An Encyclopaedia on Chinese History, Literature and Art

Zhang Qian 張騫

Dec 1, 2011 © Ulrich Theobald

Zhang Qian 張騫 (d. 114 BCE) was a traveller and discoverer of the mid-Former Han period 前漢 (206 BCE-8 CE).

He hailed from Chenggu 成固 (modern Chenggu 城固, Shaanxi) and became a court attendant (lang 郎) in 140 BCE. In order to check the strength of the steppe federation of the Xiongnu, Emperor Wu 漢武帝 (r. 141-87 BCE) planned to create an alliance with the Tokharians (Chinese name Yuezhi 月氏) that lived in the southern region of modern Uzbekistan. Zhang Qian participated as a voluntary member of the embassy to the Yuezhi.

When the mission crossed the land of the Xiongnu, Zhang Qian was captured and spent more then ten years among them. He even married a native woman but was later able to escape. He travelled westwards into the lands of the Dayuan 大宛 (in the Ferghana Basin, eastern Uzbekistan) and the Kangju 康居 (middle course of the River Syr-Darya in Uzbekistan) before he finally arrived in the land of the Yuezhi. Although the Tokharians had been expelled by the Xiongnu from their former territory, they had meanwhile settled down in the plain between the rivers Amu-Darya and Syr-Darya. They controlled the once mighty empire of Bactria (Chinese name Daxia 大夏) and had no further ambitions to take revenge with the Xiongnu. Disappointed, Zhang Qian spent a full year to visit the country of Bactria and then returned via a southern route in order to avoid the Xiongnu. Yet he was again captured by them and was only able to return when the Xiongnu were preoccupied with internal power struggles, in 126 BCE.

Back in Chang'an 長安 (modern Xi'an 西安, Shaanxi), at the court of Emperor Wu, he gave detailed reports of the western countries and was rewarded with the title of a Superior Grand Master of the Palace (taizhong dafu 太中大夫). During his stay in Bactria he had learned that it was possible to reach this country from China by using the mountain way from Shu 蜀 (modern Sichuan) across India (Chinese name Shendu 身毒). Emperor Wu therefore planned to open the southern route through the territory inhabited by whom Chinese sources call the "southwestern barbarians" (xinanyi 西南夷) of Kunming 昆明, yet this attempt failed. In 123 Zhang Qian took part as commandant (xiaowei 校衛) in Wei Qing's 衛青 campaign against the Xiongnu that ended in a defeat for the steppe federation. Zhang Qian was given the title of Marquis of Bowang 博望侯. He was stripped off this title again in 121 when he commanded a part of another contingent dispatched against the Xiongnu and joined too late with the other divisions.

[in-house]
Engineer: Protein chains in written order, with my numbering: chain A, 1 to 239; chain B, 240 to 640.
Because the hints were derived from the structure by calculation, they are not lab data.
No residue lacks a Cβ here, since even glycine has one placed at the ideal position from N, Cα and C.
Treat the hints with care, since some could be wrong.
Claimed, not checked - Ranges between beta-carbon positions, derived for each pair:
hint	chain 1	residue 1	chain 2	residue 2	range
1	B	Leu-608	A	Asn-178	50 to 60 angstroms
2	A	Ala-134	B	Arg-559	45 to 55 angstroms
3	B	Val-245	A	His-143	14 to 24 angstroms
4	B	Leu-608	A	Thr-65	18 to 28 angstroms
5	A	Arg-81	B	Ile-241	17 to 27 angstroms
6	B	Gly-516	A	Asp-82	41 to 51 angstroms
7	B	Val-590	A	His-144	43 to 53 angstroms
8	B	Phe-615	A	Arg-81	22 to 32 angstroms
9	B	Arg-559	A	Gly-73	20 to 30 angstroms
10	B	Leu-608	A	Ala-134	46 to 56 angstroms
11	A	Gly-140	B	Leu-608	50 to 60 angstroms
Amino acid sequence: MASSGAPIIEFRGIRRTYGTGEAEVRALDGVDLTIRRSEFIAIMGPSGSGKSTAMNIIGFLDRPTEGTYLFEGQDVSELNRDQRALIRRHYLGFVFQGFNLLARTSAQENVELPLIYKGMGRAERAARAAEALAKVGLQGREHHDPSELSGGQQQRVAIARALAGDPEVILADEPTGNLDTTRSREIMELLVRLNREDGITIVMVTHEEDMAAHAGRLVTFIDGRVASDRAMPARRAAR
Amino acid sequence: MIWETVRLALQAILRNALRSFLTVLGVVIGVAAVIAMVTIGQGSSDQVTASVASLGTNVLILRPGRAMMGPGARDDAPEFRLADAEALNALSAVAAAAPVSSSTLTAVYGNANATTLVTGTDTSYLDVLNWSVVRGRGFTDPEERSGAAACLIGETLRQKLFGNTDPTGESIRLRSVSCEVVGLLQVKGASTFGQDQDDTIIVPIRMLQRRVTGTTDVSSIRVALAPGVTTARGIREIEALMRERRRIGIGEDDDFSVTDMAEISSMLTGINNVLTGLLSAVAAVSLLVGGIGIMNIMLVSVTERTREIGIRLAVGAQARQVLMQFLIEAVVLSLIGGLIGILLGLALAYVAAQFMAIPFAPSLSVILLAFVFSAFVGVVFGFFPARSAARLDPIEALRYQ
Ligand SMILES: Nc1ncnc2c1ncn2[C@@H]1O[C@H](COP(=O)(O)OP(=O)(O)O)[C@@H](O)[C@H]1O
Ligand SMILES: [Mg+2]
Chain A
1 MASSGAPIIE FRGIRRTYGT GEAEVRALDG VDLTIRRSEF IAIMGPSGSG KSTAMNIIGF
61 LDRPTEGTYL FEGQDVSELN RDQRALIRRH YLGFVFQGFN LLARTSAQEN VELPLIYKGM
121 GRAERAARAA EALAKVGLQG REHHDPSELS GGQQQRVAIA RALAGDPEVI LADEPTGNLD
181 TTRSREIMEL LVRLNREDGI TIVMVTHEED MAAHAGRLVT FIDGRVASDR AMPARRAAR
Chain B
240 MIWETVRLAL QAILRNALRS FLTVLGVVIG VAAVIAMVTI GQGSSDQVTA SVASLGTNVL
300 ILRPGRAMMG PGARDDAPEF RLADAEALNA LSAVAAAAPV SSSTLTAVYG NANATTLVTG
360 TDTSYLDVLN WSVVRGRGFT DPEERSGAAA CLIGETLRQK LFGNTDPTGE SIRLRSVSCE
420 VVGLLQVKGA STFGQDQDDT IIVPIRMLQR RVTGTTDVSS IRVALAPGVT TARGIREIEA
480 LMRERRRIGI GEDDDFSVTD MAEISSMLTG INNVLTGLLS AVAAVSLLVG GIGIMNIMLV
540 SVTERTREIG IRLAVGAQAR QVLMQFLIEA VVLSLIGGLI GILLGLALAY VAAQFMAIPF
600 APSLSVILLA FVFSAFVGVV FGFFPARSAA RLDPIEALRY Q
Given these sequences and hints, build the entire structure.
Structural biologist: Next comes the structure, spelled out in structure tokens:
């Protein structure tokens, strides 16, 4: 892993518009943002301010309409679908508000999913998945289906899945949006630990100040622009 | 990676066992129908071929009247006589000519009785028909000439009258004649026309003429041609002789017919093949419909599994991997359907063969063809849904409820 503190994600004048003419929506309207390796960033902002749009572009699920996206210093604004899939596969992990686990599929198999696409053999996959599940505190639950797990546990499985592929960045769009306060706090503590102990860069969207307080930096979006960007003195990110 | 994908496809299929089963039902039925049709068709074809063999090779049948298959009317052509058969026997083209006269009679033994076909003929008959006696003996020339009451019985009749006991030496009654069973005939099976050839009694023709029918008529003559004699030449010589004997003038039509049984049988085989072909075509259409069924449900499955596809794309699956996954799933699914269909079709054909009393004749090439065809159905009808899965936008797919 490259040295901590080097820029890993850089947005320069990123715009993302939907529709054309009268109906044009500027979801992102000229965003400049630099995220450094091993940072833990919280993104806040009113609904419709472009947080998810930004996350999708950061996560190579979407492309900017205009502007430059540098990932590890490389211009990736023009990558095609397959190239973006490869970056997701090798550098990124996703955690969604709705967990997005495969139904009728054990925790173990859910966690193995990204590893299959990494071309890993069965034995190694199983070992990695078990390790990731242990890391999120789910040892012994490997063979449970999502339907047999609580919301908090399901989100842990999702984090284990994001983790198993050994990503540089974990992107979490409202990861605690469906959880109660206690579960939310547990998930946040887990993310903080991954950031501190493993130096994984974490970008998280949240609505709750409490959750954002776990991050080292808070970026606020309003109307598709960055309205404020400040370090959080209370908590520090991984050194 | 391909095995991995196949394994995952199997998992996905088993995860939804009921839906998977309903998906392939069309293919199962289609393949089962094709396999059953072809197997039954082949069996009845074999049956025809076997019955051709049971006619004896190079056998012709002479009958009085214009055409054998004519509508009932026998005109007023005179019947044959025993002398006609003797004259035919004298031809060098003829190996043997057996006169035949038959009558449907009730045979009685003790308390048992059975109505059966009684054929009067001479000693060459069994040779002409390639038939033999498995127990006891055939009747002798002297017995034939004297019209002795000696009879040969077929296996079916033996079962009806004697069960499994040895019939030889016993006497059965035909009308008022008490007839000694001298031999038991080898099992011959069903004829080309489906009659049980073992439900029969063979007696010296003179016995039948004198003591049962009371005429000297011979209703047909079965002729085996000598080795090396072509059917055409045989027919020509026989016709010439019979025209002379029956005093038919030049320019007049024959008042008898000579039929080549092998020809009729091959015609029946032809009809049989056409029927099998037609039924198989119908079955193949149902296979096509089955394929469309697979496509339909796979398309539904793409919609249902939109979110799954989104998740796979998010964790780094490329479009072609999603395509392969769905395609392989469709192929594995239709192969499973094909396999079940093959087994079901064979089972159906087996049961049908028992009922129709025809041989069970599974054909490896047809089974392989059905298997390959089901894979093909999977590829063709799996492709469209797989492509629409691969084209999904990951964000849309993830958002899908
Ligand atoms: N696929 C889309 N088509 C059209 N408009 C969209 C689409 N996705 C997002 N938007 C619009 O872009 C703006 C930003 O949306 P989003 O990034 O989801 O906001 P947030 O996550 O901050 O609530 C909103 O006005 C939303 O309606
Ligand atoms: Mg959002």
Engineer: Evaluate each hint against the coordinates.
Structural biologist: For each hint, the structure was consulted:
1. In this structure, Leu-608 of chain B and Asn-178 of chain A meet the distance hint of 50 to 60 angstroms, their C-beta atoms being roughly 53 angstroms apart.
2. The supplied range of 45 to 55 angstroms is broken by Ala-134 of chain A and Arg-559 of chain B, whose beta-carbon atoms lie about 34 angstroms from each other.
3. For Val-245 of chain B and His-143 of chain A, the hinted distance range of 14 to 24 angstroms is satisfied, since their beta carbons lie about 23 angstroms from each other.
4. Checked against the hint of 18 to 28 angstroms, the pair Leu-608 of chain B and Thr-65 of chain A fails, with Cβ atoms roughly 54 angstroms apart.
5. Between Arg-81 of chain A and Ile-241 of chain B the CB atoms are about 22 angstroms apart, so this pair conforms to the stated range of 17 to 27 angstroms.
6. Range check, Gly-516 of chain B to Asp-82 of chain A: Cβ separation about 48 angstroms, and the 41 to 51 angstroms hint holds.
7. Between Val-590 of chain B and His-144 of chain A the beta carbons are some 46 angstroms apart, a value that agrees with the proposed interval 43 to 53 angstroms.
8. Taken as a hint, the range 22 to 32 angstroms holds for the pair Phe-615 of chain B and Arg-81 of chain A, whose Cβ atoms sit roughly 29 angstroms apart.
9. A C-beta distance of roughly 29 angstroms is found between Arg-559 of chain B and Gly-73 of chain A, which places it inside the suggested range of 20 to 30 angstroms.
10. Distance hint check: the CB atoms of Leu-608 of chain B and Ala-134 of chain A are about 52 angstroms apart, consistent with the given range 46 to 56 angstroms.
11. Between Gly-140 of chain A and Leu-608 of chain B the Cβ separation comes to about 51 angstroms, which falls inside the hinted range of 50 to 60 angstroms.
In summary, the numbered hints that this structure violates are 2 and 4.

Zhang Qian suggested to Emperor Wu to forge an alliance with the Wusun 烏孫 against the Xiongu, a people that lived in the Dzunghar Basin. He was appointed leader of court gentlemen (zhonglangjiang 中郎將) and was sent out with 300 men and a rich stock of presents to be given to the Wusun. Arrived in the land of the Wusun, Zhang Qian sent out an official delegation to visit the Dayuan, Kangju, Yuezhi and Bactria. He himself was escorted back by the Wusun and arrived at the Han court in 115 BCE. He died a year later.

Zhang Qian's greatest merit is to have opened the diplomatic and economic communication between Han China and the countries in the west, and so made possible the development of the Silk Road. In the end, the plan to find an ally against the Xiongnu worked out, when the Wusun formally concluded a marriage relationship with the Han dynasty.

Ma Yong 馬雍 (1992). "Zhang Qian 張騫", in Zhongguo da baike quanshu 中國大百科全書, Part Zhongguo lishi 中國歷史 (Beijing/Shanghai: Zhongguo da baike quanshu chubanshe), Vol. 3, 1504.